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CS 345. Imperative Programming. Vitaly Shmatikov. Reading Assignment. Mitchell, Chapter 5.1-2 C Reference Manual, Chapter 8. Imperative Programming. Oldest and most popular paradigm Fortran, Algol, C, Java … Mirrors computer architecture

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reading assignment
Reading Assignment
  • Mitchell, Chapter 5.1-2
  • C Reference Manual, Chapter 8
imperative programming1
Imperative Programming
  • Oldest and most popular paradigm
    • Fortran, Algol, C, Java …
  • Mirrors computer architecture
    • In a von Neumann machine, memory holds instructions and data
  • Key operation: assignment
    • Side effect: updating state (i.e., memory) of the machine
  • Control-flow statements
    • Conditional and unconditional (GO TO) branches, loops
elements of imperative programs
Elements of Imperative Programs
  • Data type definitions
  • Variable declarations (usually typed)
  • Expressions and assignment statements
  • Control flow statements (usually structured)
  • Lexical scopes and blocks
    • Goal: provide locality of reference
  • Declarations and definitions of procedures and functions (i.e., parameterized blocks)
variable declarations
Variable Declarations
  • Typed variable declarations restrict the values that a variable may assume during program execution
    • Built-in types (int, char …) or user-defined
    • Initialization: Java integers to 0. What about C?
  • Variable size
    • How much space needed to hold values of this variable?
      • C on a 32-bit machine: sizeof(char) = 1 byte, sizeof(short) = 2 bytes, sizeof(int) = 4 bytes, sizeof(char*) = 4 bytes (why?)
      • What about this user-defined datatype:
variables locations and values
Variables: Locations and Values
  • When a variable is declared, it is bound to some memory location and becomes its identifier
    • Location could be in global, heap, or stack storage
  • l-value: memory location (address)
  • r-value: value stored at the memory location identified by l-value
  • Assignment: A (target) = B (expression)
    • Destructive update: overwrites the memory location identified by A with a value of expression B
      • What if a variable appears on both sides of assignment?
copy vs reference semantics
Copy vs. Reference Semantics
  • Copy semantics: expression is evaluated to a value, which is copied to the target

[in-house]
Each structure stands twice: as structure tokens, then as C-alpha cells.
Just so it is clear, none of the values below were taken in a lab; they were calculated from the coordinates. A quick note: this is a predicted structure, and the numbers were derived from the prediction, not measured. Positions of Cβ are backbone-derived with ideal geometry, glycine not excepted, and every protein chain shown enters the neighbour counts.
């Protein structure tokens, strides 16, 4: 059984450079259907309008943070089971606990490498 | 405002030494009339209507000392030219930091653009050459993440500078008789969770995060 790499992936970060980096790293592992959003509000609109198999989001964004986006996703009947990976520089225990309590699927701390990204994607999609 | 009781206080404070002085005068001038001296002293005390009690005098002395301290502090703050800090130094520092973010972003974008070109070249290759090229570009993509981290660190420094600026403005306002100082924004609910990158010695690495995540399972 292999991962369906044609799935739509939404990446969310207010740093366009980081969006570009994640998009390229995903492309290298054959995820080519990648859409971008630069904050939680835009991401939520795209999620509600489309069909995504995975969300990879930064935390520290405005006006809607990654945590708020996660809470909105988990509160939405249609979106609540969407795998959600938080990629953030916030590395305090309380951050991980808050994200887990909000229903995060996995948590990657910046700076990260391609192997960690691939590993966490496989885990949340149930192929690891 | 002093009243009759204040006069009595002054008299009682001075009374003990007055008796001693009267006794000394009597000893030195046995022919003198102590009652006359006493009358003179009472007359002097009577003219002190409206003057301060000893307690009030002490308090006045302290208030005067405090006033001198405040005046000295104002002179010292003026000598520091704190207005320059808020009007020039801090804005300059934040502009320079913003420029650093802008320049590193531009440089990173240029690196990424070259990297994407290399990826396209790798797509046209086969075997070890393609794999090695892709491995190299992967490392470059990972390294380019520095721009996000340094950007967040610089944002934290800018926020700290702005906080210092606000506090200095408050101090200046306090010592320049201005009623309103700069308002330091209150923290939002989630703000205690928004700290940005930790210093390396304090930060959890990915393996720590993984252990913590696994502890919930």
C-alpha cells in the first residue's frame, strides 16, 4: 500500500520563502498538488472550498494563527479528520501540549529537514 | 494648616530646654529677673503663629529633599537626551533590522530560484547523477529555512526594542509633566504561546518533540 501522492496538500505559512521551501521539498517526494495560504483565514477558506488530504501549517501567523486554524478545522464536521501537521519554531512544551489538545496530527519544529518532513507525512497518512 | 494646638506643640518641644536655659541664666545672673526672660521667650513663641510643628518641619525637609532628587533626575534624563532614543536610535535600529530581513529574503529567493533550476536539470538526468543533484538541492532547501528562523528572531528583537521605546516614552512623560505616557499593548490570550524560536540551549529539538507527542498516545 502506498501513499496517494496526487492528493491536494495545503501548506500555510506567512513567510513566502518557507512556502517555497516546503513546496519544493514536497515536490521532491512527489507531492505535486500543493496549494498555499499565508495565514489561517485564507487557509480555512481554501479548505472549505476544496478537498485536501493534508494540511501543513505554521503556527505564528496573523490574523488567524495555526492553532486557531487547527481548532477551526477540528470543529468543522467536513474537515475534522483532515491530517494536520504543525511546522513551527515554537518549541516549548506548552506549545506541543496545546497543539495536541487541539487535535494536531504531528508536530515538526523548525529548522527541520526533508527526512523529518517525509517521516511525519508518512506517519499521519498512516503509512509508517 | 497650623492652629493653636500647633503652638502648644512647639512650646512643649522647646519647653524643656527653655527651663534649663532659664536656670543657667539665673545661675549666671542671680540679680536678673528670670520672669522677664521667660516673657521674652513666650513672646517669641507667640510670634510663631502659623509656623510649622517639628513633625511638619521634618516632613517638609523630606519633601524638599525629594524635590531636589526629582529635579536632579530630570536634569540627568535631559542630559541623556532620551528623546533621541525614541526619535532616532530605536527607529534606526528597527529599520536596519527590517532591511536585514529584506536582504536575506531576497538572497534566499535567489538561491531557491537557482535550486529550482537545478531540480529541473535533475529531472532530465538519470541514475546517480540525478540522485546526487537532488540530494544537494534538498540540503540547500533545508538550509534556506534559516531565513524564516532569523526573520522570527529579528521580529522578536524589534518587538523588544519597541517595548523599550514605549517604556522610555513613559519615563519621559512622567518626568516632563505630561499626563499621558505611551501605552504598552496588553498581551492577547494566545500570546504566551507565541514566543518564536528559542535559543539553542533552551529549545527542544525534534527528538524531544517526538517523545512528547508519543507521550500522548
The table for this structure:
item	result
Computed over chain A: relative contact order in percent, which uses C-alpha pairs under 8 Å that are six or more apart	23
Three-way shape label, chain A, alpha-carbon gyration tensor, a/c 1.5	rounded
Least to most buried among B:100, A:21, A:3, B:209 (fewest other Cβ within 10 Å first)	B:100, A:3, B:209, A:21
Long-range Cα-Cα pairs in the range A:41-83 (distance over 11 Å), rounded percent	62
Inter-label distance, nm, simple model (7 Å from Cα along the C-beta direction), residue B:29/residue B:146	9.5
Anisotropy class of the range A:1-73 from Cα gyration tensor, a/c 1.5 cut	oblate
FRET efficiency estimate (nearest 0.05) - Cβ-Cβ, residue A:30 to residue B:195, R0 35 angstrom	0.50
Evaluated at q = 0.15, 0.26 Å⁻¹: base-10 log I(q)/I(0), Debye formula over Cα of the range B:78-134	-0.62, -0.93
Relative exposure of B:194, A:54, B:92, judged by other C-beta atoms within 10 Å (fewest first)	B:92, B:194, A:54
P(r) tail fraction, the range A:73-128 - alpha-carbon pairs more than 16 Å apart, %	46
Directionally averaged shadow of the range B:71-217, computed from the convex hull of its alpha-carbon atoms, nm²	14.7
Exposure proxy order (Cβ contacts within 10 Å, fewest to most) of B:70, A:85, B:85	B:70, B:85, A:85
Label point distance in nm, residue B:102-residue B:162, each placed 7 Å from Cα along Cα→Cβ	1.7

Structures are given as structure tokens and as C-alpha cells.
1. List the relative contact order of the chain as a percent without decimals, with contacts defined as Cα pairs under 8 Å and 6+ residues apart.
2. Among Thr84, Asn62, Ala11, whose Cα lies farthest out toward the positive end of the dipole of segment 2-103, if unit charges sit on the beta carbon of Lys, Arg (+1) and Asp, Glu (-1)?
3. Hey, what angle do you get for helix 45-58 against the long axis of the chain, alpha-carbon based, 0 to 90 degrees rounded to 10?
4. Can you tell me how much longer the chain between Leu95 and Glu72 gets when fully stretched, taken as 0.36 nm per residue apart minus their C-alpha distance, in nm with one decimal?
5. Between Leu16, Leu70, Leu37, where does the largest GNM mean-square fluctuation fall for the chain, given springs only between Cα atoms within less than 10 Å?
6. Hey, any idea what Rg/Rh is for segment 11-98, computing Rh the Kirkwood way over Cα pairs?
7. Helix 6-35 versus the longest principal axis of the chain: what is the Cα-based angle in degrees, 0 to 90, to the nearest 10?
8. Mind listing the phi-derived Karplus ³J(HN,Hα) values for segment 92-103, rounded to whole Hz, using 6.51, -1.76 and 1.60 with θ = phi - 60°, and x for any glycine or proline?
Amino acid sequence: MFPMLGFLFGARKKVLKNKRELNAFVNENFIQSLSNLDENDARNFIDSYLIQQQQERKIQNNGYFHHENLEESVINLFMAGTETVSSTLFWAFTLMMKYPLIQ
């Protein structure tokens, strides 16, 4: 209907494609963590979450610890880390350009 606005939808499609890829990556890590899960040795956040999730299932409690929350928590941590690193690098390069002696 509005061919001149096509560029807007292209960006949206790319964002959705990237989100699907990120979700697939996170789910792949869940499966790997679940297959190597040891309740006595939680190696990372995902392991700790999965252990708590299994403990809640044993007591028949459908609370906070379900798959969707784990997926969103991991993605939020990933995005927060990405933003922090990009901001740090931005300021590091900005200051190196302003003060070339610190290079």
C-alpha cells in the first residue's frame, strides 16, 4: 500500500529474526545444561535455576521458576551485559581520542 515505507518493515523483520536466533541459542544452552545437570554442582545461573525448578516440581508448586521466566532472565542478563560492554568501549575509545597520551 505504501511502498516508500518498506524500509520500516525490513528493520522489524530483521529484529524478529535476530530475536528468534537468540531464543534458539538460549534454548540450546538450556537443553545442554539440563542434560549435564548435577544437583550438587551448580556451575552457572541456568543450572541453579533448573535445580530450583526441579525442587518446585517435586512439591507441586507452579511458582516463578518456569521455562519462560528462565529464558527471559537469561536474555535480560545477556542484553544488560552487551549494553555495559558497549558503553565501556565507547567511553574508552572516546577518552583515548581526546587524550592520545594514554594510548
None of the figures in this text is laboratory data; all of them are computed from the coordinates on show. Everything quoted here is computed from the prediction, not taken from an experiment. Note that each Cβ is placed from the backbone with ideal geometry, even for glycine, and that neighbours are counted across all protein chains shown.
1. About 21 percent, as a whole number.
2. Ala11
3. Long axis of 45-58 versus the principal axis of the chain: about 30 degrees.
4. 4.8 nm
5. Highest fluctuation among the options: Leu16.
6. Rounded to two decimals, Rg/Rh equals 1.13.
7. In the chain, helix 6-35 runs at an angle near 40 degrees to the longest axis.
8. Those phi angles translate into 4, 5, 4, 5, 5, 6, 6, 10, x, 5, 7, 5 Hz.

• Used by imperative languages
  • Reference semantics: expression is evaluated to an object, whose pointer is copied to the target
    • Used by object-oriented languages
variables and assignment
Variables and Assignment
  • On the RHS of an assignment, use the variable’s r-value; on the LHS, use its l-value
    • Example: x = x+1
    • Meaning: “get r-value of x, add 1, store the result into the l-value of x”
  • An expression that does not have an l-value cannot appear on the LHS of an assignment
    • What expressions don’t have l-values?
      • Examples: 1=x+1, ++x++(why?)
      • What about a[1] = x+1, where a is an array? Why?
l values and r values 1
l-Values and r-Values (1)
  • Any expression or assignment statement in an imperative language can be understood in terms of l-values and r-values of variables involved
    • In C, also helps with complex pointer dereferencing and pointer arithmetic
  • Literal constants
    • Have r-values, but not l-values
  • Variables
    • Have both r-values and l-values
    • Example: x=x*y means “compute rval(x)*rval(y) and store it in lval(x)”
l values and r values 2
l-Values and r-Values (2)
  • Pointer variables
    • Their r-values are l-values of another variable
      • Intuition: the value of a pointer is an address
  • Overriding r-value and l-value computation in C
    • &x always returns l-value of x
    • *p always return r-value of p
      • If p is a pointer, this is an l-value of another variable

What are the values of

p and x at this point?

l values and r values 3
l-Values and r-Values (3)
  • Declared functions and procedures
    • Have l-values, but no r-values
turing complete mini language
Turing-Complete Mini-Language
  • Integer variables, values, operations
  • Assignment
  • If
  • Go To
structured control flow
Structured Control Flow
  • Control flow in imperative languages is most often designed to be sequential
    • Instructions executed in order they are written
    • Some also support concurrent execution (Java)
  • Program is structured if control flow is evident from syntactic (static) structure of program text